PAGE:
GCSE English Language and Literature (Eduqas)
Our pupils build upon the knowledge and skills developed throughout KS3, deepening their understanding of a writer’s craft and the power of language to shape opinions, emotional responses and to stimulate the imagination. They will use familiar structures to help construct academic responses to literary and non-literary texts and will further refine their skills in grammar, punctuation, spelling and cohesion to produce their own engaging narrative fiction and non-fiction texts. We also support pupils to continue to develop their confidence in making informed personal responses.
We aim to encourage pupils to see the value and relevance of their studies in English to their future lives but we also aim to continue to foster a deep love of the enriching, transformative power of literature and reading in its own right.
Our approach to literary texts continues to champion knowledge of context before deeper exploration of writers’ methods; we feel this is essential to pupils’ understanding of the conditions that gave life to a novel, play or poem and, consequently, is essential to their appreciation of its parts.
All of our pupils are entered for both the English Language and the English Literature GCSEs and will sit two examinations in each subject in Year 11. All pupils will encounter each text on the Literature specification during Y10. We revisit these texts in greater depth in Y11, allowing pupils to revisit prior knowledge in order to support long-term learning.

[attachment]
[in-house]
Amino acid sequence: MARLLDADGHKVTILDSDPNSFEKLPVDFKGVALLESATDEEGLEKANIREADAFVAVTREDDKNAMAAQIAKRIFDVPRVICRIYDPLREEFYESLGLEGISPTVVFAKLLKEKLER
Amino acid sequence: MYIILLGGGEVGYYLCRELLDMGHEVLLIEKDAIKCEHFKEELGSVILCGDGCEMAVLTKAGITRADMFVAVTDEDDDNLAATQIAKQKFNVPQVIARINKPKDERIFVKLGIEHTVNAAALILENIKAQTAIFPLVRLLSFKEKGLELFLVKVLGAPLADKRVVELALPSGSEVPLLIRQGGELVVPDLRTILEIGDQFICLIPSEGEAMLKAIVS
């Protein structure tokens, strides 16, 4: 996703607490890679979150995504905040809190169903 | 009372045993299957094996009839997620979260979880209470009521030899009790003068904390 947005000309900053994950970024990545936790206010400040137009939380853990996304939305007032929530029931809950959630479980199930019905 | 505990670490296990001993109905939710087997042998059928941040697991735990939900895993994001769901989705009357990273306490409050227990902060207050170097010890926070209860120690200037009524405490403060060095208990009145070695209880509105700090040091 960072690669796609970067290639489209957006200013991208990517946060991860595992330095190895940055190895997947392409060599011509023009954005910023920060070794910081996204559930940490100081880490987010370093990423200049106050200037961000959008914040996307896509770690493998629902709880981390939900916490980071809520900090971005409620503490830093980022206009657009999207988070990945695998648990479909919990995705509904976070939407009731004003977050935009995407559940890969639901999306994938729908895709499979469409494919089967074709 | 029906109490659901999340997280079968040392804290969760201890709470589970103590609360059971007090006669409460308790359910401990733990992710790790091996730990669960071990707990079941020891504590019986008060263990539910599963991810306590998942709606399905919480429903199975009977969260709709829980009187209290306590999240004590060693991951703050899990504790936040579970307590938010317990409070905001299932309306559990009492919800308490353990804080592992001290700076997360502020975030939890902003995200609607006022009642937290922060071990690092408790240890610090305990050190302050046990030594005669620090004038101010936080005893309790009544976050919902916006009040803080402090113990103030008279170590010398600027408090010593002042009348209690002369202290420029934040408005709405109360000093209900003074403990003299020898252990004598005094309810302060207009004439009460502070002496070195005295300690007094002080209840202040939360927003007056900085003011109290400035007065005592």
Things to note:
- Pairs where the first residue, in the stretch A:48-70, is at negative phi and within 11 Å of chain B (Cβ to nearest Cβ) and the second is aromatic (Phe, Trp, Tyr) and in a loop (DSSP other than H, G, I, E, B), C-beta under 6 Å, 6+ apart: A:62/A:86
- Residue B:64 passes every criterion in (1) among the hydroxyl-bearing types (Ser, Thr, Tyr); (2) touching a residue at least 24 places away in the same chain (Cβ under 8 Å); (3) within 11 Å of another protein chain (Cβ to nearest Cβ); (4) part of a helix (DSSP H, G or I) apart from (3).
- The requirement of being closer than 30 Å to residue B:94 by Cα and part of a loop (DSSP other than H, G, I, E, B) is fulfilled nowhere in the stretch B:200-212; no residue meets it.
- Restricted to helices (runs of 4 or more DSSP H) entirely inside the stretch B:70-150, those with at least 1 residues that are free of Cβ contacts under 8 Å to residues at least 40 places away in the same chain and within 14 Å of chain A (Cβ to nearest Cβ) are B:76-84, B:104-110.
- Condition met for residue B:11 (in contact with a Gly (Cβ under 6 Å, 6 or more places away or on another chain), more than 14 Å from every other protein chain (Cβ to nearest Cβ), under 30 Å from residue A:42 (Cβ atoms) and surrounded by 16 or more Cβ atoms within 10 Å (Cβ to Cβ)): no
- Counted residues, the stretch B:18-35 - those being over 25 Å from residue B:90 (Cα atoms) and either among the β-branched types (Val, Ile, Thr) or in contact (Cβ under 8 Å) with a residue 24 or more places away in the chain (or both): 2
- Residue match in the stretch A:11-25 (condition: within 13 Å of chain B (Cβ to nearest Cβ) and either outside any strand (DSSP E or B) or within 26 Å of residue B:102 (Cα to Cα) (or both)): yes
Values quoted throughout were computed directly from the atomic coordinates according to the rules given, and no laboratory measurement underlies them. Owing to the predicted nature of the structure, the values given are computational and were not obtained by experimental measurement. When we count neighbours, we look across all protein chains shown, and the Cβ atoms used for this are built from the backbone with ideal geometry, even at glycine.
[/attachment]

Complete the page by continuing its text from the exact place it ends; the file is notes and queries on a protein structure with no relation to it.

Pupils are taught in mixed ability groups when intake is in two form groups. They may be set where a three form entry allows. We continue to work closely with the SEND department in order to support pupils with additional needs and we believe in enabling all pupils to access the full GCSE curriculum. We support the SEND department in applications for exam concessions where applicable. The English department also provide stretch and challenge for pupils through a variety of classroom strategies and external study days.
Pupils are given feedback in a variety of ways. Informal feedback takes many forms, including verbal tips and prompts and might also include self and peer assessment. Staff may use whole-class directed improvement time in lessons in order to address a specific issue common to all pupils and give them the opportunity to rectify errors or misunderstandings. Staff may give individual feedback on all or part of an exam-style response or an activity designed to measure knowledge/skills mastery. All Y11 pupils are given mock examinations in December (Y10 are given mocks in June/July) and grades will be reported to parents and pupils. We also assess all pupils at the end of each unit of study, providing feedback and approximate grades.
- Language skills - punctuation, paragraphing and sentence structure knowledge development is an integral part of our lessons. We aim to support pupils to develop and improve upon their learning from KS3 to become confident, creative and fluent writers who are able to express ideas in their own fiction and non-fiction texts with subtlety, impact and skill. In particular, pupils will revisit knowledge of the form of speeches, articles and letters from KS3 and will also learn the form of reports and reviews. Using this learning, they will practice drafting their own non-fiction texts to persuade, inform, advise and argue in preparation for the English Language Component 2 examination.
In addition, pupils will return to their knowledge of structuring narrative fiction, practicing drafting stories to engage readers through descriptive language devices, characterisation, purposeful dialogue and the creation of tension; this practice will prepare them for the English Language Component 1 examination.